Tuesday, 9 June 2009

Channel Selection for New Product Launches

I have been reviewing the go to market strategy for two ventures, both of which are trying to penetrate new markets. The first is an established B2B SaaS company that has a huge customer base of SMEs and wants to enter the UK market. The second, is a UK startup trying to launch an innovative new product in the B2C insurance space. Both decided to pursue a channel sales strategy which made sense on paper. But after detailed discussions, they agreed to re-evaluate their approaches.

A channel sales programme is a significant investment once the partner identification, contractuals and ramp up costs are taken into account. Done right, it offers the chance of rapidly increasing sales and generating positive buzz that propels the business to the next level. The wrong strategy can set you back a year or more and in the case of startups, be a life or death question.

This article reviews important considerations for identifying the right channel(s) for new product launches.

1. Which channels do your target customers use/transact through?
All organizations consider this question very carefully. What channels have regular contact with my customers? For example industry associations are venues where B2B SMEs regularly interact with each other and prospective vendors. SME decision makers have also developed trusted relationships with local resellers who are happy to position new products. In the case of B2C product targeting consumers searching for insurance, the internet is the best medium as many people compare prices online. Internet traffic acquisition channels include SEM (Google AdWords, Yahoo etc), display advertising and affiliate networks as well as direct partnerships with sites that attract relevant traffic. Typically, several channels will be identified that can be used to target customers for a single product.

2. Product Channel fit: Is the channel motivated and able to sell or service the product properly?
The next thing to do is match the prospective channels to the product category. It is important to decide beforehand if you want the channel to perform either lead generation, close deals or service the product, or all or part of these. The tradeoffs are that lead generation is a low touch activity, while closing deals and supporting customers can involve significant partner investment and hence revenue sharing.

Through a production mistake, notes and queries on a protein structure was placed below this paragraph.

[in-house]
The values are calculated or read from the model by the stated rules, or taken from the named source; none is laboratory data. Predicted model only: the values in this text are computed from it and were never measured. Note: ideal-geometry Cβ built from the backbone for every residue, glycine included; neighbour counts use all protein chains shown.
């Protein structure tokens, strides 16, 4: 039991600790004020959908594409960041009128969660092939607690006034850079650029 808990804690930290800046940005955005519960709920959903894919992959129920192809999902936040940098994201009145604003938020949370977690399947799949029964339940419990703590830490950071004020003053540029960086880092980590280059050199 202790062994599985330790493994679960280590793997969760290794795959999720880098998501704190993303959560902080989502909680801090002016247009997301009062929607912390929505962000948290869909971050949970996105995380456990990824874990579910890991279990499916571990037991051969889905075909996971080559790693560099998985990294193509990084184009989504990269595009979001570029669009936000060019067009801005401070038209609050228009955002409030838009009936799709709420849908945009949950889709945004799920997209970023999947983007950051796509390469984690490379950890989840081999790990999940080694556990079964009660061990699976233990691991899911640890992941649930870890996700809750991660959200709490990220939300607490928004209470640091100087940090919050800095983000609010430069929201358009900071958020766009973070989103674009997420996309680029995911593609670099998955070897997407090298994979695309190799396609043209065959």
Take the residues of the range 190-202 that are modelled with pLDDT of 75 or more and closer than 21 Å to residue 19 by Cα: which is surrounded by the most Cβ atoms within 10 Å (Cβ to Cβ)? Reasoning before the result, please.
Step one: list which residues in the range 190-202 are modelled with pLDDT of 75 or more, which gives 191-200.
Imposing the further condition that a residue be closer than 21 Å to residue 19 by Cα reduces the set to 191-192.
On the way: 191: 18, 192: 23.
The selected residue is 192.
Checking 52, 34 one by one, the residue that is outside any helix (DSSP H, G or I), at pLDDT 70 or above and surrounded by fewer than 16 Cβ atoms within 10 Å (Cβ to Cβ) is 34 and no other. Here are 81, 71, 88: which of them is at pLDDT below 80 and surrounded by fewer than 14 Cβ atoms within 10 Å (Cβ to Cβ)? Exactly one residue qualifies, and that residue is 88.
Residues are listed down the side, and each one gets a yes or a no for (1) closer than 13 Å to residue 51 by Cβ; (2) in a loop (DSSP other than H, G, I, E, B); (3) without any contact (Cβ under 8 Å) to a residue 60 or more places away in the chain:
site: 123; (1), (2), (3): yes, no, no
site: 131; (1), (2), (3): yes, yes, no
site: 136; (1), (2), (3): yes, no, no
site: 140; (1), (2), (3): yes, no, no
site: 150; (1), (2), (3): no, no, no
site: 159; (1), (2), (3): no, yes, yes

Questions to ask include:
  • Has the product demonstrated success for its target customers in the channels that you have selected? Partners are more willing to promote and sell a proven product. In a new product launch, it is helpful to invest time in acquiring beta customers directly to serve as references.
  • Is the product simple for third parties to position? Does it require significant training on behalf of the partner? Groundbreaking or complex high value products are usually better left to a direct sales force which has undergone comprehensive training.
  • As a proportion of a channel's customers, how many fall into your target segments? Partner sales managers prefer to promote products that appeal to the broadest number of their customers. If your product appeals to less than 50% of a channel's customers, you may need to invest significant effort in proper segmentation.
  • Does it fit into the partner's portfolio, or even enhance the value of a bundled offering? In the case of an affiliate or partner website, does this product help the partner's positioning of their site?
  • What is the sell price of the product relative to the typical transaction through this channel? Can your product help the salesperson meet their revenue or margin targets? Is the affiliate revenue or margin share competitive relative to other products being promoted?
  • Does the partner sell or service products that compete with yours? Could your channel program be subsidizing your competitors' products?
Be wary of partners that have the customers you want to target, but have a different focus. I have seen several examples of channels that failed to deliver as the product was not a good fit with the rest of the partner's portfolio.

3. Is it economically viable?
Channels can be well aligned with customers and products but still be economically risky to pursue. Many of the questions in the previous category help you to identify the true costs of a partner launch.

Questions to ask to include:
  • How many transactions can this channel accomplish relative to the total cost of launching the product? How much work will it entail to modify the product to make it fit into the channel? How much is the cost of training and supporting the partners on an ongoing basis? Be sure to validate your penetration and cost assumptions with the closest substitutes.
  • What is the opportunity cost of launching in the channel and helping it get up to speed? In a fast moving market, will your competitors be able to steal a march on you through direct sales? In offline channels, there is sometimes a long lead time involved in getting partners to launch your offering. This is especially true of deployments with volume channels such as Telcos which have deployment roadmaps that extend into several quarters and require much preparation on behalf of the vendor.
  • What is the cost of failure? If the partner fails to launch or support the product on your behalf, how much more will you have to invest for a re-launch?
  • How does this compare with direct sales?
After going through this thought process, the B2B venture is evaluating a phased telesales through to reseller model, that allows it to achieve initial success quickly and then experiment with a channel strategy. The B2C venture has realized that SEM (Google AdWords/Yahoo etc) is too costly for the market they are entering. They are investigating a sales and marketing combination of affiliates, PR and social media to showcase the innovation their product can bring to the insurance market.